RIP BSOD: Windows 11 could be getting black screen of death

The black screen of death in Windows 11
(Image credit: Tom's Hardware)

Update: Microsoft is bringing the BSOD back to Windows 11

It could be the end of an era: The Verge reported that Microsoft could be turning the famous blue screen of death (BSOD) black when Windows 11 launches.

While the acronym will remain the same in such a circumstance, the blue color for serious errors has been a part of Microsoft’s operating system since Windows 3.0 in 1990. So this would be quite a big change for the company.

It would also be a slightly strange one, given nothing else on the screen is said to be different. There will still be the same emoticon sad face, first seen in 2012 with Windows 8, and the QR code giving you more information on the error which debuted in 2016 will also be present. 

Only the color is reportedly set to change and no explanation has been given. It could simply be to try and make the screen match the startup and shutdown colors, although it would be odd to make an alert designed to draw attention blend in more. Another possibility is that it’s simply something to make Windows 11 stand apart from Windows 10, given the two have so much shared DNA, and there are already plenty of cosmetic changes afoot.

If you have the current Windows 11 preview build installed, you’ll likely still be seeing blue screens, as our sister site Tom’s Hardware notes. However, our colleagues were able to instigate the change early, should you want to get a taste of what may be ahead.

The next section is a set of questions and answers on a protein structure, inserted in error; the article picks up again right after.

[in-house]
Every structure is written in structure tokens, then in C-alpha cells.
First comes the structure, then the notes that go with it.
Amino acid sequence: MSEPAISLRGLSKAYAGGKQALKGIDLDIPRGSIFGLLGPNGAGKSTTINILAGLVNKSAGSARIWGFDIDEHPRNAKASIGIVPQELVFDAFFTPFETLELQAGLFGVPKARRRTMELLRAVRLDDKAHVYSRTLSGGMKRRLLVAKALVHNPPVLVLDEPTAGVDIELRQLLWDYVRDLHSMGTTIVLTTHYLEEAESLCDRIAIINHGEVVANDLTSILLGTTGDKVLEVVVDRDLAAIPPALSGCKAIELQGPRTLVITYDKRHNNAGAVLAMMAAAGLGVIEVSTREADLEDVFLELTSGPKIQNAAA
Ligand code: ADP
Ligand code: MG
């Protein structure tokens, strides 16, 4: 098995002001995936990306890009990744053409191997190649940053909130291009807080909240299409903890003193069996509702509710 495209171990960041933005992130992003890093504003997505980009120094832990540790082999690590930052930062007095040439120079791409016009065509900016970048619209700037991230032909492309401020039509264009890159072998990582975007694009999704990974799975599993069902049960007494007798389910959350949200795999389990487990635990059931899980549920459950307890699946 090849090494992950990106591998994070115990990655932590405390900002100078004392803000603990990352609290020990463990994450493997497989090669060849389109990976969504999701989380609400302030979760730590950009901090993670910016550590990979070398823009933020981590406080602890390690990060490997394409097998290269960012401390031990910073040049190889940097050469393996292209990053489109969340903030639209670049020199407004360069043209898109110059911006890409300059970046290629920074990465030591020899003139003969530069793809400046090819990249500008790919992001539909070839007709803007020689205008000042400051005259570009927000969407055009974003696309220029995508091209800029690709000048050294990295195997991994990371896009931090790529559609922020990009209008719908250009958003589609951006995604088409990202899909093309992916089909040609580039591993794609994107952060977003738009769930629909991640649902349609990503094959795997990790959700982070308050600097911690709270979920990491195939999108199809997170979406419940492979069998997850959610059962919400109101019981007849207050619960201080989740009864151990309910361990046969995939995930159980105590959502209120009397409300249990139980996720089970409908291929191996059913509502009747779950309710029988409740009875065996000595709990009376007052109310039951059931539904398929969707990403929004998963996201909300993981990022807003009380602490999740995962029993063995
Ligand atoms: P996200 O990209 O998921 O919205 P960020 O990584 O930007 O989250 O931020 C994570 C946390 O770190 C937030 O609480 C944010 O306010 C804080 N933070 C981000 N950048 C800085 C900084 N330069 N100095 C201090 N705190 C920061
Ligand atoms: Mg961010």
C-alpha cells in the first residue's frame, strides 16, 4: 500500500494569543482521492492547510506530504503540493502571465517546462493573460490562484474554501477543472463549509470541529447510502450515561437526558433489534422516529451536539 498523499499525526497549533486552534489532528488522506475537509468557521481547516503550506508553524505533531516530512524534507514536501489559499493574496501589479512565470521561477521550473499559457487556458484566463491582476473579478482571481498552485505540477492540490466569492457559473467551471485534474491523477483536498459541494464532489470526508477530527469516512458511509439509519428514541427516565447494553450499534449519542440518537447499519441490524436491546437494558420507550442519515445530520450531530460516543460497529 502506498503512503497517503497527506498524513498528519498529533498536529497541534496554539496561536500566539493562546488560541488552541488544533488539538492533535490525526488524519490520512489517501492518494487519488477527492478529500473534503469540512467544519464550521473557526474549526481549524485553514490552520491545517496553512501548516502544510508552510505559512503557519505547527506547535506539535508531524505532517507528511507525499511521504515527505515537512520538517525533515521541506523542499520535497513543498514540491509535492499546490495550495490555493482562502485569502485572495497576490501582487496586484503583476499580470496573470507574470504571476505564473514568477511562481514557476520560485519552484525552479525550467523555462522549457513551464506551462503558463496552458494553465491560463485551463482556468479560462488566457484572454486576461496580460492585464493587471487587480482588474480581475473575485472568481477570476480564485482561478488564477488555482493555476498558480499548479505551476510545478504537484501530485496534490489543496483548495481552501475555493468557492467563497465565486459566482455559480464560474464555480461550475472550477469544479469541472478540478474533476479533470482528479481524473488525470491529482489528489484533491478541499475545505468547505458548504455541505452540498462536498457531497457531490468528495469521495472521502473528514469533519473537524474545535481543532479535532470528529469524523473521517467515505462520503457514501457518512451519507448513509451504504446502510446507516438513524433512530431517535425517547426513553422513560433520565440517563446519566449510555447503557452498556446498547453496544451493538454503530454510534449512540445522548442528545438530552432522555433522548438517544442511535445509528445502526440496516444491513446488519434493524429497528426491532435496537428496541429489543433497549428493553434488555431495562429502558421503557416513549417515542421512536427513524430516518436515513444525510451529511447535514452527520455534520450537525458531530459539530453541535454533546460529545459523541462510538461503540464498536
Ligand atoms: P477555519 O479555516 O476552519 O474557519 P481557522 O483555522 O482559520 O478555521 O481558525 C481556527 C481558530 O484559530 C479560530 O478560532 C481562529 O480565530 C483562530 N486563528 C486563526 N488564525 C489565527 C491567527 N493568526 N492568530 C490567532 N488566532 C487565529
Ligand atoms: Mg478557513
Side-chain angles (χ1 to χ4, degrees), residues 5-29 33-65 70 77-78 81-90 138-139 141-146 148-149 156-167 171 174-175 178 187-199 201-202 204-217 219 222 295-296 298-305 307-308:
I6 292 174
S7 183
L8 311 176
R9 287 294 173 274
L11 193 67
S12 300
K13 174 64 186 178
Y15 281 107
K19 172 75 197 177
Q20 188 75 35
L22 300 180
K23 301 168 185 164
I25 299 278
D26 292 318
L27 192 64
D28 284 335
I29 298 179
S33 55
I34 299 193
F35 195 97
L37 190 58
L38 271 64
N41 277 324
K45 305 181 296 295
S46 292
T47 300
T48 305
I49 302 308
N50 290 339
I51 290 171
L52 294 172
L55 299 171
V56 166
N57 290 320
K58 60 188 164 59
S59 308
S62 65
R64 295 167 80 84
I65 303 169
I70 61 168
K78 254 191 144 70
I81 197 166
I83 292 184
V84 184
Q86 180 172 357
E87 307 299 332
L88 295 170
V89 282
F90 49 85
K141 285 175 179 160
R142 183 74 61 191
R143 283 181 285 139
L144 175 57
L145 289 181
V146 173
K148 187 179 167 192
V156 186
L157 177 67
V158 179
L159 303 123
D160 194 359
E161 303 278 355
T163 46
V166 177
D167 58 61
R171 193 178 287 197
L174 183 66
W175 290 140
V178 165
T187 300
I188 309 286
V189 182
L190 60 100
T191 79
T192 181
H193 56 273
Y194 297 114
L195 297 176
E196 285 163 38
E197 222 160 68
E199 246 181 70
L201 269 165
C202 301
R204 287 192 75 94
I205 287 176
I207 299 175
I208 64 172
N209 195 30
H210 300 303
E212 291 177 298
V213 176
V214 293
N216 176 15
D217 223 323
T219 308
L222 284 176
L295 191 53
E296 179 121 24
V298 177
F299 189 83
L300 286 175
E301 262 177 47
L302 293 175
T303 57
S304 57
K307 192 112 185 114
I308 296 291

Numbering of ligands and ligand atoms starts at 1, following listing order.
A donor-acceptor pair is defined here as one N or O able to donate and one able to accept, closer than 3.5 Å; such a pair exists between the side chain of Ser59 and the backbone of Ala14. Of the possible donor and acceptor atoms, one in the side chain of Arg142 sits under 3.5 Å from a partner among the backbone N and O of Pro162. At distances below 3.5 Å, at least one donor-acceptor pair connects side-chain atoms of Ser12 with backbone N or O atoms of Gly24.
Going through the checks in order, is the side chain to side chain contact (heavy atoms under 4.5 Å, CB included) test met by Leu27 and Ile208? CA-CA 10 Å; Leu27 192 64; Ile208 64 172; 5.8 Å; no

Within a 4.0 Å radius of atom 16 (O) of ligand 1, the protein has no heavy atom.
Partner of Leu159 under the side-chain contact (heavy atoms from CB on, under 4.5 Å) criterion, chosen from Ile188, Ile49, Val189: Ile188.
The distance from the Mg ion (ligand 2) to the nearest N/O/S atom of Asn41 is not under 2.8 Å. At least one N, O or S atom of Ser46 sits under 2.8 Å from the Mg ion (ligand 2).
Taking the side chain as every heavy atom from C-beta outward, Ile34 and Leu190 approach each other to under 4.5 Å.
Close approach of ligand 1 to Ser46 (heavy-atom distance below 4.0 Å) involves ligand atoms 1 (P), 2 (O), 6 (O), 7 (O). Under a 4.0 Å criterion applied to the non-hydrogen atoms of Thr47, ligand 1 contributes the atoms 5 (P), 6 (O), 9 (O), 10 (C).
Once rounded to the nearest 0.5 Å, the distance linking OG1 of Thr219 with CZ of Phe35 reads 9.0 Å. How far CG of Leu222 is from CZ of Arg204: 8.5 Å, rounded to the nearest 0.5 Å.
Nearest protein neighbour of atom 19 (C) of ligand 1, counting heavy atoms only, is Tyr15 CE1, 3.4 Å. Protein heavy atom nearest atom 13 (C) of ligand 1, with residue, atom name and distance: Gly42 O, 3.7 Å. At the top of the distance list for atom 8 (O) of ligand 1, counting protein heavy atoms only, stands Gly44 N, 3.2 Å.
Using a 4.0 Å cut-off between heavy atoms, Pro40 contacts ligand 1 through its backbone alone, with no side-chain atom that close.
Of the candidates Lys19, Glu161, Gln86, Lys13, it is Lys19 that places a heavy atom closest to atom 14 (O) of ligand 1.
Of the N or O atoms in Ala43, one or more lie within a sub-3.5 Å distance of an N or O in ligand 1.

The change, first spotted by @XenoPanther on Twitter, can be enabled via a simple registry edit, tested by Tom’s Hardware. 

Via regedit, navigate to HKLM\SYSTEM\CurrentControlSet\Control\CrashControl and set the value of DisplayPreReleaseColor to 0. Restart, and the next time your PC encounters a critical error, you’ll be seeing black rather than blue.

If you don’t have the new operating system yet, but can’t wait to give it a go, you can try it right now, assuming you have the required hardware. If you need help, here’s how to install Windows 11.  

Alan Martin

Freelance contributor Alan has been writing about tech for over a decade, covering phones, drones and everything in between. Previously Deputy Editor of tech site Alphr, his words are found all over the web and in the occasional magazine too. When not weighing up the pros and cons of the latest smartwatch, you'll probably find him tackling his ever-growing games backlog. Or, more likely, playing Spelunky for the millionth time.